But as we move forward, even though I wasn't being recognized as a potential parent, we had to go through the same process as anybody else who was interested 00:10:00in adopting or even doing foster care. And that included FBI background checks, we had to give our fingerprints to see if there's any history of crime or ill-intended behavior, whatever that might be. We actually even had to have our dog reviewed. It was a small 18-pound West Highland White Terrier. And we had to confirm that even the animal was safe for a child to be in the house, and along with about 39 hours of parenting training which was a really eye-opening experience for us. Because what was really amazing was how much more we knew, but how little people who could be parents without adoption didn't know about 00:11:00nutrition, exercise and emotional wellbeing, and these kinds of things. So it was a real eye-opener. But we knew we were kind of breaking the new frontier so we just headed down and powered through. And, geez, maybe a year after we did all of that paperwork and work, we were identified for our first child. And then three years later, we got our second.

Then, living in Ohio, what happened was they decided to change the definition of marriage in the constitution that it was only between a man and a woman. And it passed. So, what that meant for us was they were going to, then, prevent anybody who wasn't married from being able to do adoption, much less foster care.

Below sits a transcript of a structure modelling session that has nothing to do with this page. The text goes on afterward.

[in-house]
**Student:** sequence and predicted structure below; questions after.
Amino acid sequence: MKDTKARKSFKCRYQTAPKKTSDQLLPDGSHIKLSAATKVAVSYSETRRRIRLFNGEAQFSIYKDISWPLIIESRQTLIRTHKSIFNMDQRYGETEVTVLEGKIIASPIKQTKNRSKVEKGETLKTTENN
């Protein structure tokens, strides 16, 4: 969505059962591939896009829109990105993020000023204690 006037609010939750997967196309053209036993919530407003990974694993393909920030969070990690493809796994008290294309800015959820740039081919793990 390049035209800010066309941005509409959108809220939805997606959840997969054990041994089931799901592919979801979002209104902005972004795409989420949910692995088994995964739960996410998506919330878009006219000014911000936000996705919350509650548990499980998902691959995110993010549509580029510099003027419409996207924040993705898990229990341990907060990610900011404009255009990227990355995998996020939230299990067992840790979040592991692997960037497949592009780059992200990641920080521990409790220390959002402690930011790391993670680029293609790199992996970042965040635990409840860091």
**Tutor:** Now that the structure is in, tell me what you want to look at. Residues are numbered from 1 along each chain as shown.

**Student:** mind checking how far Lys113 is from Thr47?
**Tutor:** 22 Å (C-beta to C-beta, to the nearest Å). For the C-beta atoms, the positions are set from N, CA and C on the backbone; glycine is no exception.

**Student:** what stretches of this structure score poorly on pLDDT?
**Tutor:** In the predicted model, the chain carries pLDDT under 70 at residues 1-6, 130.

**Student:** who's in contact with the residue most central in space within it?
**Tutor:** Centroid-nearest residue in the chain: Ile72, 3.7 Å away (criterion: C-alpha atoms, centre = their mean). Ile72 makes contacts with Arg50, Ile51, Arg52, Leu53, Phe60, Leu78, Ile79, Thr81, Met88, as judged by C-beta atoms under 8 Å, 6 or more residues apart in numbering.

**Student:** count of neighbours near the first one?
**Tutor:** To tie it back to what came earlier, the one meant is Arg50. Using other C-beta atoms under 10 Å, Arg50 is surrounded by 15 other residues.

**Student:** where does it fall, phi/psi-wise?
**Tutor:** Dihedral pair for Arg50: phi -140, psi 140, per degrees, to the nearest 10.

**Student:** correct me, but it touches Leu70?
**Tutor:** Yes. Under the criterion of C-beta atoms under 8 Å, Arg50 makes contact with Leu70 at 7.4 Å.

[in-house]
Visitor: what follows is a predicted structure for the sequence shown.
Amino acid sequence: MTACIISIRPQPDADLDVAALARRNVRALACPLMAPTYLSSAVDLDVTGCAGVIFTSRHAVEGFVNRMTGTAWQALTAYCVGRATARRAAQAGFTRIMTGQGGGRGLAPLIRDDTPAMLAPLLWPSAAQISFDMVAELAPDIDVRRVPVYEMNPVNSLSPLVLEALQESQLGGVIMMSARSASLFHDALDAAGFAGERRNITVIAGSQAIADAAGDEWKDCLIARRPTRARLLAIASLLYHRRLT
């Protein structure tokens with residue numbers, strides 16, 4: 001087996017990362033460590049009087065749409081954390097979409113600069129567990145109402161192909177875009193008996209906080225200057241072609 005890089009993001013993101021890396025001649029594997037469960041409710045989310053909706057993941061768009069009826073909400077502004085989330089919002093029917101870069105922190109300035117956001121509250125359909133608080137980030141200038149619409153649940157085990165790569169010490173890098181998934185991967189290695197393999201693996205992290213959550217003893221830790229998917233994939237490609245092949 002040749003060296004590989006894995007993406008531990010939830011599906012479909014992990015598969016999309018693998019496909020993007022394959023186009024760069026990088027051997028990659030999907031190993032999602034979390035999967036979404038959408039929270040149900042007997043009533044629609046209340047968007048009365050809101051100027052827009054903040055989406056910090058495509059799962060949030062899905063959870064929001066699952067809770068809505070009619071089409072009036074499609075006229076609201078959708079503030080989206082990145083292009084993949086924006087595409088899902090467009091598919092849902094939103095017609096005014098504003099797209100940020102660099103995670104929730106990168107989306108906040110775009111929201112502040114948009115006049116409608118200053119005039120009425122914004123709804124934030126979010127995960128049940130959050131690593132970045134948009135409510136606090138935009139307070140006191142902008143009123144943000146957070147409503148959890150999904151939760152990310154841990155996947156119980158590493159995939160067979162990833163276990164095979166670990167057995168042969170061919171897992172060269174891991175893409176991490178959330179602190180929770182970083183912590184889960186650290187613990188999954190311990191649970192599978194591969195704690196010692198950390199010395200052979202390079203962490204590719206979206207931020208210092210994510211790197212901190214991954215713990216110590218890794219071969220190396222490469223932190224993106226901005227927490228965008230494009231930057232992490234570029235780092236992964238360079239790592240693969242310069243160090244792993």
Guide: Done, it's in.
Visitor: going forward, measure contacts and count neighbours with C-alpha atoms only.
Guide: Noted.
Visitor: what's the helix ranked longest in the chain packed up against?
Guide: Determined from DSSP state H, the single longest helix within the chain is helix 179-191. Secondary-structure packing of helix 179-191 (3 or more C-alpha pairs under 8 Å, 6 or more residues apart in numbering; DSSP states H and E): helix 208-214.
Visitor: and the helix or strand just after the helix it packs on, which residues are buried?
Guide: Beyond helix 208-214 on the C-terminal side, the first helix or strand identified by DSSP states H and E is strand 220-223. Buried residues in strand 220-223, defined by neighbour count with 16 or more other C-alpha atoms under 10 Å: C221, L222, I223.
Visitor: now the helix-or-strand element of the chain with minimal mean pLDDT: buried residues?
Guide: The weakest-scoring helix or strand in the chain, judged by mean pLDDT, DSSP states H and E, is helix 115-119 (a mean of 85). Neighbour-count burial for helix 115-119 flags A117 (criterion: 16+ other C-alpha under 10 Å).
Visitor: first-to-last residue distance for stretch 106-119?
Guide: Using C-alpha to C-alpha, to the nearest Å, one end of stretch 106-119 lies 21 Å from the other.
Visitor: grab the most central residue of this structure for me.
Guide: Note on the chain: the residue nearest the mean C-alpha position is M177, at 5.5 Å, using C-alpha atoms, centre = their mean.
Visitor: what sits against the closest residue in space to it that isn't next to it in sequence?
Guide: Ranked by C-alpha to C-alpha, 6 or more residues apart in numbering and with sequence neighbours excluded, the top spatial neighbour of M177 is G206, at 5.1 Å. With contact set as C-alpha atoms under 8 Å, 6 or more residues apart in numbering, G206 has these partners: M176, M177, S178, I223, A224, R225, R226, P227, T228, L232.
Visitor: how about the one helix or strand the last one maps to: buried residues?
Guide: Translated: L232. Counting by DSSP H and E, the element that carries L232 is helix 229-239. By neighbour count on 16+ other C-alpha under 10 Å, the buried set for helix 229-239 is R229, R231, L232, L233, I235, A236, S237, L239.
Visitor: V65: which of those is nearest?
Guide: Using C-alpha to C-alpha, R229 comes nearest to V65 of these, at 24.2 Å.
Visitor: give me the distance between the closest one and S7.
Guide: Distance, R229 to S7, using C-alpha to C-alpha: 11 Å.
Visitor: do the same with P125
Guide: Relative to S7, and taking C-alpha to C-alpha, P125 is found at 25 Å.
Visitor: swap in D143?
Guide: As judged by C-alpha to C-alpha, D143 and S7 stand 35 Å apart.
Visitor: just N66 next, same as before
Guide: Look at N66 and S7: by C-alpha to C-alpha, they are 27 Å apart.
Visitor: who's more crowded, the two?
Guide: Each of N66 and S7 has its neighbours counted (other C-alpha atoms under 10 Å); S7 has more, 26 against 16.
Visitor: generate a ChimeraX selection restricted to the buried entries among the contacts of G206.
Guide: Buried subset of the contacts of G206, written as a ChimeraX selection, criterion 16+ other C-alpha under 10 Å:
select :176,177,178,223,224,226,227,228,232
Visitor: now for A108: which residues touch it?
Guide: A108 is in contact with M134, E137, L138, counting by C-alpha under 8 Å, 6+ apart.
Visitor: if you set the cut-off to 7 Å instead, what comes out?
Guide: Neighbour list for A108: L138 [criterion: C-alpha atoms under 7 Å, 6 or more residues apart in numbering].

So at this point, even though my partner adopted the children, there was no legal connection to me. So, I might joke about it, but as a citizen of the United States of America, I had to become a political refugee. And we moved to Oregon because in terms of job opportunities, Oregon was the only place that would permit me the ability to adopt our kids. And so after six months here, I adopted the kids. And the state of Oregon asked Ohio to reissue the birth certificates, at which point, upon the receipt, my partner was identified as the father and I am listed as the mother of my children. They couldn't even change the form. So you know, that's fine. I get Mother's Day presents now, and I don't 00:13:00care. A parent is a parent.